What are the disadvantages of a missile
The rocket is a missile that carries all the means necessary to generate its thrust energy and does not depend on the presence of an atmosphere (see recoil principle). It essentially consists of the engine and fuel cells. The cells supply the engine with the necessary fuel, which burns it and ejects it through a nozzle (red), thus providing an opposite thrust that moves the rocket forward (blue).
Mass particles (the burned fuel) (red) flow out of the nozzle of an engine. Since, according to Newton, a reaction (the outflow) is followed by a counter-reaction, an opposing force acts on the rocket (the recoil) (blue). It is precisely this force that moves the rocket forward.
This principle works independently of an atmosphere, which means that a rocket can also maneuver in space.
Only the two most common types of drive are presented here: that Liquid rocket engine and the Solid rocket engine.
Liquid rocket engine
With such an engine, the actual fuel (1) (Alcohol, kerosene, hydrogen ...) and an oxidizer (2) (Oxygen) stored separately. The oxidizer is necessary to make the fuel burn. Both components are usually strongly cooled in order to bring them into liquid form in order to increase the amount carried.
After opening the valves, the two components are pumped using centrifugal pumps (3) produced by a turbine (5) via a gas generator (4) are driven into the combustion chamber (6) pumped.
Before combustion, the fuel or the oxidizer are often conducted in lines over the nozzle and over the combustion chamber (turquoise) in order to cool it and prevent it from melting. These are heated at the same time.
Fuel and oxidizer are injected into the combustion chamber (6), they ignite (purple) as soon as they come into contact with each other (self-reacting fuels) or are triggered by a flame generator (7) (similar to a spark plug in a car) ignited. The mixture expands suddenly as a result of the explosion. It then flows through the nozzle (8) out.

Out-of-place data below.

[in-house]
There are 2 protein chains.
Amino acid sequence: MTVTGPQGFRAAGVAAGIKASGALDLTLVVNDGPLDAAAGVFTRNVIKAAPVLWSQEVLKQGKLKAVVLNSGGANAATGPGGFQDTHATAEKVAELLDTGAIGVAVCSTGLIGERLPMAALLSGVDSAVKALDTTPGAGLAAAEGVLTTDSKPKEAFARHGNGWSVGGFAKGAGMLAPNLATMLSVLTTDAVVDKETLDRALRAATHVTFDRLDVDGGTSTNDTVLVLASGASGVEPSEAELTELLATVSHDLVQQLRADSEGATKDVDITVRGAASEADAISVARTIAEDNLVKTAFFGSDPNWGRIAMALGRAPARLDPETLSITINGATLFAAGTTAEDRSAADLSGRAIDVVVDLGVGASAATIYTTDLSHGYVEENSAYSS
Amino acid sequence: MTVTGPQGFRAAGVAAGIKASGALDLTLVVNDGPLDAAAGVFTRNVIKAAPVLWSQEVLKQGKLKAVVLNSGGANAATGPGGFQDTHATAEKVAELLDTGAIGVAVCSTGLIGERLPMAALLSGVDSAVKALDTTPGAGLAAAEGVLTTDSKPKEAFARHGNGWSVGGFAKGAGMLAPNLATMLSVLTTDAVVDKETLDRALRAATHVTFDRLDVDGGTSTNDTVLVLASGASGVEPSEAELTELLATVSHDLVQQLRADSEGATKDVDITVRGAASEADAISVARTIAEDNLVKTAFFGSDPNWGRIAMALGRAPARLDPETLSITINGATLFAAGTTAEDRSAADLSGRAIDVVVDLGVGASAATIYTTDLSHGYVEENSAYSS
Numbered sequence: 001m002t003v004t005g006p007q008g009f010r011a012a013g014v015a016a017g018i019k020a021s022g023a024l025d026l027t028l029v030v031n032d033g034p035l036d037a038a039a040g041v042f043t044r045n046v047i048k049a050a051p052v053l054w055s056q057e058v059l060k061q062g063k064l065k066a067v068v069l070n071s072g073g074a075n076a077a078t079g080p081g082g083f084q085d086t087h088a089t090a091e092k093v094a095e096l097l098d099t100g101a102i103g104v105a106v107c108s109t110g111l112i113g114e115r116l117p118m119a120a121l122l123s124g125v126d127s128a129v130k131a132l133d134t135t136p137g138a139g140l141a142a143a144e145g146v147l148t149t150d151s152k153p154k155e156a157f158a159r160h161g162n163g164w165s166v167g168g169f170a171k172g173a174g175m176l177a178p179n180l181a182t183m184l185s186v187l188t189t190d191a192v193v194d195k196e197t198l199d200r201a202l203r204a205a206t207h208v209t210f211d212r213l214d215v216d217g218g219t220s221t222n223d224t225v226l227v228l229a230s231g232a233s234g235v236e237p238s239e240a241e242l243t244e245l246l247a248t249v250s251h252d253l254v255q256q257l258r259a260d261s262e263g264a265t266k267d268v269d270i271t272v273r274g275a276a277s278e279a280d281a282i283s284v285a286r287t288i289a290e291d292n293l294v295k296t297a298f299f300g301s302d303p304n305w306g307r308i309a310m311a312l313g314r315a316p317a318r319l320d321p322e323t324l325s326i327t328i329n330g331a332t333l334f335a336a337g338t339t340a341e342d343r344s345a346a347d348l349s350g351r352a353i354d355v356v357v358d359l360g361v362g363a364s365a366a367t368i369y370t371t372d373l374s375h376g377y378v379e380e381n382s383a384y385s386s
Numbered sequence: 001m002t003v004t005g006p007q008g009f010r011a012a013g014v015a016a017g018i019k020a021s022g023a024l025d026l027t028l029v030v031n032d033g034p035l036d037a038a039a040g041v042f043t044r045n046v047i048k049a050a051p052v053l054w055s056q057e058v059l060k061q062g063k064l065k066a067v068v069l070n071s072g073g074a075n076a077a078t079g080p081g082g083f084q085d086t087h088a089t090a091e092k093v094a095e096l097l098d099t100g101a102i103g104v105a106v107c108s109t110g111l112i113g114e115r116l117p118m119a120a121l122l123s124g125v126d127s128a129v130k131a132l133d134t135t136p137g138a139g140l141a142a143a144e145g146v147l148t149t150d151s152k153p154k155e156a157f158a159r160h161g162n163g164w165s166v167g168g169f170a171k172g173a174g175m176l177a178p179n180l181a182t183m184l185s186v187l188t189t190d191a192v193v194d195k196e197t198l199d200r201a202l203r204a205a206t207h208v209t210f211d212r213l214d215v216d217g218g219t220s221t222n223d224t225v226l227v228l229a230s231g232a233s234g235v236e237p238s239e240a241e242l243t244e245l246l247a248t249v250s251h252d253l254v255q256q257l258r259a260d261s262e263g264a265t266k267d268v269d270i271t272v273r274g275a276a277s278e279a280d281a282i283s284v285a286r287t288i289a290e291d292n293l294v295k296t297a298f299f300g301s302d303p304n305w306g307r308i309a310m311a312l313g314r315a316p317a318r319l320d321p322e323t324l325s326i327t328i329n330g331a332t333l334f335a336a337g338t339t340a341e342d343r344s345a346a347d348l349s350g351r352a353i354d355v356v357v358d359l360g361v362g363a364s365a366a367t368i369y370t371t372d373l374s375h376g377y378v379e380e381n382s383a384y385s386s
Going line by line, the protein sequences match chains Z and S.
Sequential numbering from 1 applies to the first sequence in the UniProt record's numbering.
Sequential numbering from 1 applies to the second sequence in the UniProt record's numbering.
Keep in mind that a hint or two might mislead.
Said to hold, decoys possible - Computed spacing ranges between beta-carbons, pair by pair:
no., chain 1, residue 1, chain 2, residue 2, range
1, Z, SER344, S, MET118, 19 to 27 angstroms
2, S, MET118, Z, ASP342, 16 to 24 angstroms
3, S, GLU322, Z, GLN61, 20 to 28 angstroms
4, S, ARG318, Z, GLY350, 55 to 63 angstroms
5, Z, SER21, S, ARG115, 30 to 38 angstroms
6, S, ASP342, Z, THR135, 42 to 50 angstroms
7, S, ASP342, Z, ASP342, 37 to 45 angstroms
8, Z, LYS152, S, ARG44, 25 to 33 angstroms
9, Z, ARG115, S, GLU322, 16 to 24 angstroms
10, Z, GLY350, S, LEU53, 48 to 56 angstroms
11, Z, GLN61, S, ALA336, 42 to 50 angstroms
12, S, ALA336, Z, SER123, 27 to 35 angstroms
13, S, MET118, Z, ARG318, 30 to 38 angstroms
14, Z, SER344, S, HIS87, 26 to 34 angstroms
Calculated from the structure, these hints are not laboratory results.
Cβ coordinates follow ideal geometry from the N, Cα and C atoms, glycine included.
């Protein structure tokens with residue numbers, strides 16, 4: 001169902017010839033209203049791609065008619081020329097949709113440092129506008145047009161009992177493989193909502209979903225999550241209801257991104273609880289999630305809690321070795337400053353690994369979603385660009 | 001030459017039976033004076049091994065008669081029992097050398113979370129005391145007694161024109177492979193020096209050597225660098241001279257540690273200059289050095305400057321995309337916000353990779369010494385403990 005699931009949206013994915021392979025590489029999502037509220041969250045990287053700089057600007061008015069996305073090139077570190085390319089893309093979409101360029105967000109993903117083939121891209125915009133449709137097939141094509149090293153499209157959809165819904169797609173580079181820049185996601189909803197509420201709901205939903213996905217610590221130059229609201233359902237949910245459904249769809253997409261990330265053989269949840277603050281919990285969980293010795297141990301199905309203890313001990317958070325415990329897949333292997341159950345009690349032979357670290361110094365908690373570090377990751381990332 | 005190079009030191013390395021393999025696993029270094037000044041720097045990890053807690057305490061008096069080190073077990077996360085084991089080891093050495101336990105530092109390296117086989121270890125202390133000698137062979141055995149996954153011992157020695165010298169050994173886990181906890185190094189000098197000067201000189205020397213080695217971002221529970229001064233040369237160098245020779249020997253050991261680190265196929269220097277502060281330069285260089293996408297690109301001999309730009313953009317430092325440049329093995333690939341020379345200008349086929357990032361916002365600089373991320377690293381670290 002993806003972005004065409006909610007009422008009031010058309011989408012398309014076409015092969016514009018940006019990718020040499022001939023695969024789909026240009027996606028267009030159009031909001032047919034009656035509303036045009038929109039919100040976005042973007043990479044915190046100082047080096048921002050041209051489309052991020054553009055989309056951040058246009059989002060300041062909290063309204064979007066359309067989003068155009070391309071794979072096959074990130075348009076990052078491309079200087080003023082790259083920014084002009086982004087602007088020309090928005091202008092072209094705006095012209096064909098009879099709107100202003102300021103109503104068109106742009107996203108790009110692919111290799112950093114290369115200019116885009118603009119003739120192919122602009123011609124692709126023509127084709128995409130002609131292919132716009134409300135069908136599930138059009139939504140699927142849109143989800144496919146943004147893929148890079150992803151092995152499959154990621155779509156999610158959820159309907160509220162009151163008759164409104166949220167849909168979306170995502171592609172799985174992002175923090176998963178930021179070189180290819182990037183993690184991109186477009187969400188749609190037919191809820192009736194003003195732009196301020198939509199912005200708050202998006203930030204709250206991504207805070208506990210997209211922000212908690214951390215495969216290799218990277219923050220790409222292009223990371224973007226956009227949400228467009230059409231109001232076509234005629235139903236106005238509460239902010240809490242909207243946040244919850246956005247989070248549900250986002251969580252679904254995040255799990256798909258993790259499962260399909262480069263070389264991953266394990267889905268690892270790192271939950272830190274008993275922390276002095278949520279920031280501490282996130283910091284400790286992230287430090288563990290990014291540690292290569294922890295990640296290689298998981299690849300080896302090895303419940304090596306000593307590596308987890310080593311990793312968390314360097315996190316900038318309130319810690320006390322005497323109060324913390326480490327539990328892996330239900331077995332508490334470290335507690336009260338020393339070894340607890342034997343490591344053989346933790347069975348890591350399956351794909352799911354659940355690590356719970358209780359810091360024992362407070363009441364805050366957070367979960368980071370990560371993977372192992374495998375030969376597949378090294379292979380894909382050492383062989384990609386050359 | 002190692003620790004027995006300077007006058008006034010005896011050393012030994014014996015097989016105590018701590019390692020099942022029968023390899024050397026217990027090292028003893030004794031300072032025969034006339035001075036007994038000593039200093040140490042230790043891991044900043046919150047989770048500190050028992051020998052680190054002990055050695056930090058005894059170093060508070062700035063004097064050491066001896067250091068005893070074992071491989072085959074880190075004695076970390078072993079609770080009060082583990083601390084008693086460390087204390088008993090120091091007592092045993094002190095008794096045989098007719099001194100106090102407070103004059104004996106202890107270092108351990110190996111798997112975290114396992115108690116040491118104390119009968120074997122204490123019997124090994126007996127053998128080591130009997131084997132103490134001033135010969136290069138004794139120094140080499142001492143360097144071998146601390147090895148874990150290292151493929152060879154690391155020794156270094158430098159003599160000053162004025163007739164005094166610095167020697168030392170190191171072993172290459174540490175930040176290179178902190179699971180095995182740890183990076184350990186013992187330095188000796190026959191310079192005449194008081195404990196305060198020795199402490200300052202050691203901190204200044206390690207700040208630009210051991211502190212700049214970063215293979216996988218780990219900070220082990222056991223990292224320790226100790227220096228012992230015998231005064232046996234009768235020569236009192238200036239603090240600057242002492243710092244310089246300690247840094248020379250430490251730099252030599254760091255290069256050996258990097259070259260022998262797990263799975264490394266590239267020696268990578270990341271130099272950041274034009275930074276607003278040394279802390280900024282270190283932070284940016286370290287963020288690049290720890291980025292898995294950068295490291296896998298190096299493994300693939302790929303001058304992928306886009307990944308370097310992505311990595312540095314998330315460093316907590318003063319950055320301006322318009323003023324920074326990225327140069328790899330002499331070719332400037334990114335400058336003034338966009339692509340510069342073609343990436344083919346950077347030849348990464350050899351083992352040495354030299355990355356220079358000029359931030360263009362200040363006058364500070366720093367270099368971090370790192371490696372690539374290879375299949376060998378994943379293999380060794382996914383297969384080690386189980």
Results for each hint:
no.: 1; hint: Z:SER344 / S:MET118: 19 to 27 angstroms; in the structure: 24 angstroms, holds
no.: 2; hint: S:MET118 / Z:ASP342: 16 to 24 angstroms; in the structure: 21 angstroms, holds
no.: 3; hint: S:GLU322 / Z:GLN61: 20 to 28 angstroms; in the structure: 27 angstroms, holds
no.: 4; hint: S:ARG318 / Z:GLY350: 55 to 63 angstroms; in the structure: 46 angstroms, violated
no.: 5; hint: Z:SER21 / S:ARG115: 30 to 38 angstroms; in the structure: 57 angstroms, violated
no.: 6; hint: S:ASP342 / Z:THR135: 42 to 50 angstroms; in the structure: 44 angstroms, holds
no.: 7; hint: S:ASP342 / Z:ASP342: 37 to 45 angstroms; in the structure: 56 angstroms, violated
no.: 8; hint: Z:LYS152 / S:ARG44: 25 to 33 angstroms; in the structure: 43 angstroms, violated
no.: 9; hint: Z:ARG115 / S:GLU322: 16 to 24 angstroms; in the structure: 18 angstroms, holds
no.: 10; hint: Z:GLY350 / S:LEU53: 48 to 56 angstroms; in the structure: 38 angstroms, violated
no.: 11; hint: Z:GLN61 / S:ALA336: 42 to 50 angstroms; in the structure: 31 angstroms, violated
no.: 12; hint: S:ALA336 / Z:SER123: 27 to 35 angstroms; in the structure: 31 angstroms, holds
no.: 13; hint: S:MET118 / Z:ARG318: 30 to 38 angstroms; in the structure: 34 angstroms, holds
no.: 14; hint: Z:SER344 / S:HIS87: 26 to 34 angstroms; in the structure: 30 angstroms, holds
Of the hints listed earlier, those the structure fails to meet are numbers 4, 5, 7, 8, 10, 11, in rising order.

The faster the outflow speed, the higher the increase in speed of the rocket (see recoil principle).
The liquid rocket engine is used in most rockets (e.g. Saturn, Soyuz, Ariane, Space Shuttle in some cases) because the combustion can be interrupted and reactivated. The disadvantage is the complex technology (centrifugal pumps, cooling, separate cells) that is required for this.
Solid rocket engine
With these engines, the fuel is carried in solid form. The solid contains the actual fuel and an oxidizer in chemical form.
The ignition is carried out once by an ignition cartridge or an electric igniter (9). Then gradually the solid ignites (10) and flows through the nozzle (8) from (purple).
The disadvantage of these engines is that once ignited, they cannot be stopped. The advantage is in the easier-to-use technology. No complex cooling mechanisms and pumps are required.
Solid propellants are used, for example, in the two boosters of the space shuttle, which provide the take-off thrust.
Controlling a rocket during launch is difficult because it is subjected to very large forces during the launch phase. Since rockets usually consist of several engines, you can add more or less fuel to a nozzle by regulating the fuel pumps. This results in different outflow velocities (asymmetry of the thrust force) at the nozzles, which steers the rocket in a different direction.
The control in space takes place by means of small thrusters, which serve as a recoil by emitting small amounts of fuel and maneuver the rocket accordingly.
The Apollo capsule, for example, has a number of maneuver nozzles with which it can maneuver in all spatial axes.
This type of rocket consists of several rocket stages (each consisting of fuel cells and engine), which are separated one after the other as soon as their fuel supply is exhausted. This reduces the mass of the rocket and allows higher speeds and thus higher orbits to be achieved.
The Saturn V, for example, consists of 3 rocket stages.
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